NewsRegion Martin County

Actions

Martin County golf courses remain open, commissioners seek clarification on 'stay at home' order

Sheriff says he will enforce with a 'three strikes' rule
wptv-martin-county-sheriffs-office.jpg
Posted at 12:43 PM, Apr 03, 2020
and last updated 2020-04-03 21:05:36-04

STUART, Fla. — Private golf courses in Martin County will remain open while county commissioners seek clarification from Gov. Ron DeSantis on the state's sweeping 'stay at home' order.

But the nuanced reason for keeping private courses open involves a bit of a civics lesson.

Florida has both charter and constitutional counties. Charter counties, like Palm Beach County, have more authority and can make restrictions like closing private golf courses.

"It gives them a lot more autonomy to dictate and govern the way they want," Commissioner Ed Ciampi told WPTV's Arthur Mondale after a special meeting on Friday morning.

Martin County is one of 47 constitutional counties in Florida, limiting lawmakers say in what they can enforce.

"We do not have as much ability or flexibility as the counties to the south of us," said Commissioner Sarah Heard. "We are not a charter county, so therefore, we are subject to the governance of the constitution of Florida and the governor."

The county administrator’s office is working with a team of attorneys to receive guidance from DeSantis to get the best reasonable interpretation of the executive order.

Martin County commissioners held a special meeting Friday morning to discuss how Florida’s sweeping stay-at-home order affects residents and how it should be enforced.

Relaying information to the public to control rumors and misinformation took top priority at the meeting. Commissioners agreed there is a need for daily updates outside of social media because some residents don’t use it.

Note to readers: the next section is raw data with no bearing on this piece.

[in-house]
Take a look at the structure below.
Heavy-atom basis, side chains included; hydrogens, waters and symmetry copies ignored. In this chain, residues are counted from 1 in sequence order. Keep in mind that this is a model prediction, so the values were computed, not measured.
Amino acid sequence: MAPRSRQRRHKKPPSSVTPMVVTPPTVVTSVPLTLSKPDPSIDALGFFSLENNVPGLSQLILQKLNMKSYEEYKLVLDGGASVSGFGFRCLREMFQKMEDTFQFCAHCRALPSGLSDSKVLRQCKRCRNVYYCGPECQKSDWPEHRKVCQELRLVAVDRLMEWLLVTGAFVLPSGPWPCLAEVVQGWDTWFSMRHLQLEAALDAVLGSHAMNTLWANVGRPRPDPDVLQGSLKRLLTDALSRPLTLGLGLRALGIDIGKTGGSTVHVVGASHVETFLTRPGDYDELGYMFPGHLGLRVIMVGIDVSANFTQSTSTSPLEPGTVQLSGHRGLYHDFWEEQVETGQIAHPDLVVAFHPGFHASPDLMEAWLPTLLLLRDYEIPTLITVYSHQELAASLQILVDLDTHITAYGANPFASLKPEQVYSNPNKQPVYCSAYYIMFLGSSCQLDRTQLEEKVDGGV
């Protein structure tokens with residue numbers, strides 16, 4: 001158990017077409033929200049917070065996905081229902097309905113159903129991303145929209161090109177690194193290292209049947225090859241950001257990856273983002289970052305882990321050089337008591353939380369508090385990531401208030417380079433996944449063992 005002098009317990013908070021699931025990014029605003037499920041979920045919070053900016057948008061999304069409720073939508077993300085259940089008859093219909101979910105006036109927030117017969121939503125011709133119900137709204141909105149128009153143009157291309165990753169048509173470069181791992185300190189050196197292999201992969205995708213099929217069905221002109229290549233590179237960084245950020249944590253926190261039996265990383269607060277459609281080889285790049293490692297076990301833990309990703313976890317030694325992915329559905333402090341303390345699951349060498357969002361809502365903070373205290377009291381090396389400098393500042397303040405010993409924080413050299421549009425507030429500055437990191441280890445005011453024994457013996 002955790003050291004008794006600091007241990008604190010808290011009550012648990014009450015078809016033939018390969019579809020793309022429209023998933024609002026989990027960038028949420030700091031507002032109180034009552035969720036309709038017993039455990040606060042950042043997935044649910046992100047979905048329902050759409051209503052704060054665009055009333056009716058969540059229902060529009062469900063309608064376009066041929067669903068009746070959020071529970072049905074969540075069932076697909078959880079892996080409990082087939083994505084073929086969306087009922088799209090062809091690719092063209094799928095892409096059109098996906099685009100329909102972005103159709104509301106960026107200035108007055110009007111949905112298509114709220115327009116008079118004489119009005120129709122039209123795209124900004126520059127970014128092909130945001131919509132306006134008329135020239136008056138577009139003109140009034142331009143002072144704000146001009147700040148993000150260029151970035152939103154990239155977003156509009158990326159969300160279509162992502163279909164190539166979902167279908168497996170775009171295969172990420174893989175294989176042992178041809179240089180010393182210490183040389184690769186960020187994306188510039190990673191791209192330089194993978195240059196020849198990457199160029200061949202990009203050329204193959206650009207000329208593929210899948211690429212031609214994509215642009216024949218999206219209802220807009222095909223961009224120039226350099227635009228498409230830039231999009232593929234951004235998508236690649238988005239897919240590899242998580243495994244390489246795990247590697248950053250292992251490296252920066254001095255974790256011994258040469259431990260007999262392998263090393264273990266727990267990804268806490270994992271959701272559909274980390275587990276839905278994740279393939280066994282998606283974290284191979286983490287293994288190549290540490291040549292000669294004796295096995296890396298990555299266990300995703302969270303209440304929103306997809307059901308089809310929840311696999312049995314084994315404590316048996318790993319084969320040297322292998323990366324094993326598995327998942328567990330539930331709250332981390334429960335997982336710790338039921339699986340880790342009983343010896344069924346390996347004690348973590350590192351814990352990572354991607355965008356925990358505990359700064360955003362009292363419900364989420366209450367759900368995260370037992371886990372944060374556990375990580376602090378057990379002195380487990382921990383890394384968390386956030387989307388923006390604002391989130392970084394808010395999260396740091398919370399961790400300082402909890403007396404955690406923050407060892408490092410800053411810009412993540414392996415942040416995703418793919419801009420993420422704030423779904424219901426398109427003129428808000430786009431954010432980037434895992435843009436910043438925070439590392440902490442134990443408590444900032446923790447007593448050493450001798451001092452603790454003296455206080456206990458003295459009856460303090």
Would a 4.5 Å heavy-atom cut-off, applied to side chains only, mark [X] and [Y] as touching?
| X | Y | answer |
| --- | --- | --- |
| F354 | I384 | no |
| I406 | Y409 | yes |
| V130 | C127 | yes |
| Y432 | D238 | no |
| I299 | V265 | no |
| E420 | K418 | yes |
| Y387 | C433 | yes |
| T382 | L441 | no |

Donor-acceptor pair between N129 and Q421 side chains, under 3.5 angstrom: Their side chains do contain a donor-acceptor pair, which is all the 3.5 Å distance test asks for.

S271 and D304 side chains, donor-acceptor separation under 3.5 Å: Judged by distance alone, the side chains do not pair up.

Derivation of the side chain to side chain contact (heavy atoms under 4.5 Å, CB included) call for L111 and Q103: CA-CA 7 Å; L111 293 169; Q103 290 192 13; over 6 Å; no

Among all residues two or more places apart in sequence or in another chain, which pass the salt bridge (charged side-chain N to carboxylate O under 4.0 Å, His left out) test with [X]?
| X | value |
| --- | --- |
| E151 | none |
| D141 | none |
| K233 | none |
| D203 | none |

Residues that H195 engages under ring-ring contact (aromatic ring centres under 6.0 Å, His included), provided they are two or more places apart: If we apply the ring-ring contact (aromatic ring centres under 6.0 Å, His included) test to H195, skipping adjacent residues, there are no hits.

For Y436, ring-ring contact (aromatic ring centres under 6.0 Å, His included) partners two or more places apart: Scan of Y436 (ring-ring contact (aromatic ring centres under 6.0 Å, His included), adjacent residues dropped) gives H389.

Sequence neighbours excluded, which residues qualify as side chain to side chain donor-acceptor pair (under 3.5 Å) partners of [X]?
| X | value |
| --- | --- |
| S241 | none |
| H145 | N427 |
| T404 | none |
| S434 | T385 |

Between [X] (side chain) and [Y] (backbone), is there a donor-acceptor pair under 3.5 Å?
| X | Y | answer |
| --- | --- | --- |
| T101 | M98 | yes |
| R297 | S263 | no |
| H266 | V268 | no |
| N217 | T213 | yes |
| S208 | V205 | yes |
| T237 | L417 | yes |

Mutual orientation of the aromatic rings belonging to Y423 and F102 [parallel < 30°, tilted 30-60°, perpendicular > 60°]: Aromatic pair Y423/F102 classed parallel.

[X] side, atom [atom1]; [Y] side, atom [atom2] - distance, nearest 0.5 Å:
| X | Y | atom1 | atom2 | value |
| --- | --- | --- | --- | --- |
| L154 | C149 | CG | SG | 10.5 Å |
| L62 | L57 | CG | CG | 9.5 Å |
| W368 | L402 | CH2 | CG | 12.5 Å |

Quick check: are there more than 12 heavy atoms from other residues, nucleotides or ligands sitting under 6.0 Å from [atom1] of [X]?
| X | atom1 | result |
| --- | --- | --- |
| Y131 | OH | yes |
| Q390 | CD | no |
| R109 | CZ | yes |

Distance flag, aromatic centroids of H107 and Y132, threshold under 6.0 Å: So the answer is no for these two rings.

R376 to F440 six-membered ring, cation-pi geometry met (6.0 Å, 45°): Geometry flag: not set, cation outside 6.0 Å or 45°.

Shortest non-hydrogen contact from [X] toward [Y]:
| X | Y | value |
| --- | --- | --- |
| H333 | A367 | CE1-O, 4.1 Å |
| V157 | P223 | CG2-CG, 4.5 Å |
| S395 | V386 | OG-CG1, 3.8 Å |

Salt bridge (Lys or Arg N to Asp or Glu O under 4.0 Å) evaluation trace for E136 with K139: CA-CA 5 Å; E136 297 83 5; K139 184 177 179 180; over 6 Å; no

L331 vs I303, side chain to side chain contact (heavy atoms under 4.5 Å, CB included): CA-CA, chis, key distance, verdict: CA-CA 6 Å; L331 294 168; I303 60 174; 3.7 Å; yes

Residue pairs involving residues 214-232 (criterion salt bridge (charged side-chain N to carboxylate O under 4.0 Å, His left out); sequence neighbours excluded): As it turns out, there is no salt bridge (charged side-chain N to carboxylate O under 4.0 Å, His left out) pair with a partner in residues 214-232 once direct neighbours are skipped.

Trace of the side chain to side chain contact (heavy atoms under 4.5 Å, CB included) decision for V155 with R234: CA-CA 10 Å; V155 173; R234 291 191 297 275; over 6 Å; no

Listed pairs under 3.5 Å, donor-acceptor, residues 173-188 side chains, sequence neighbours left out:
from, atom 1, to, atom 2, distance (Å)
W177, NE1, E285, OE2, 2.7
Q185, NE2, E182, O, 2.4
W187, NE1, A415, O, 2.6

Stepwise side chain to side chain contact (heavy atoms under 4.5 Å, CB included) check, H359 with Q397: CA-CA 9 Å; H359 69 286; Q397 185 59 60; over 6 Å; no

SPECIAL COVERAGE: Coronavirus | We're Open South Florida

To better enforce social distancing on the water, the Martin County Sheriff’s Office has nine marine patrol boats that will be closing and enforcing sandbar closures this weekend.

Sheriff William Snyder said there are currently zero intentions to stop people on the road and set up road blocks to determine if people should be on the streets during this "stay at home" order, but he will enforce a "three strikes" approach to enforcing the order.

"Our message to the community is that now is not the time," Sheriff Snyder told commissioners on Friday. "For the time being some of our liberties are going to be curtailed, and we are really hoping for voluntary compliance."

Residents who are caught violating the order will first be given a warning. If that does not work?

"A notice to appear would be our next level," said Sheriff Snyder. "That is a second-degree misdemeanor. It would be the same as an arrest as far as a record, but they wouldn’t be going to jail."

If that also fails, Snyder said residents can always spend the night in the county jail.

"We have space in the jail. It would be our last resort," the sheriff said.

RELATED: What Florida's 'stay at home' order means for residents

According to the Florida Department of Health, there are 37 confirmed cases of COVID-19 in Martin County.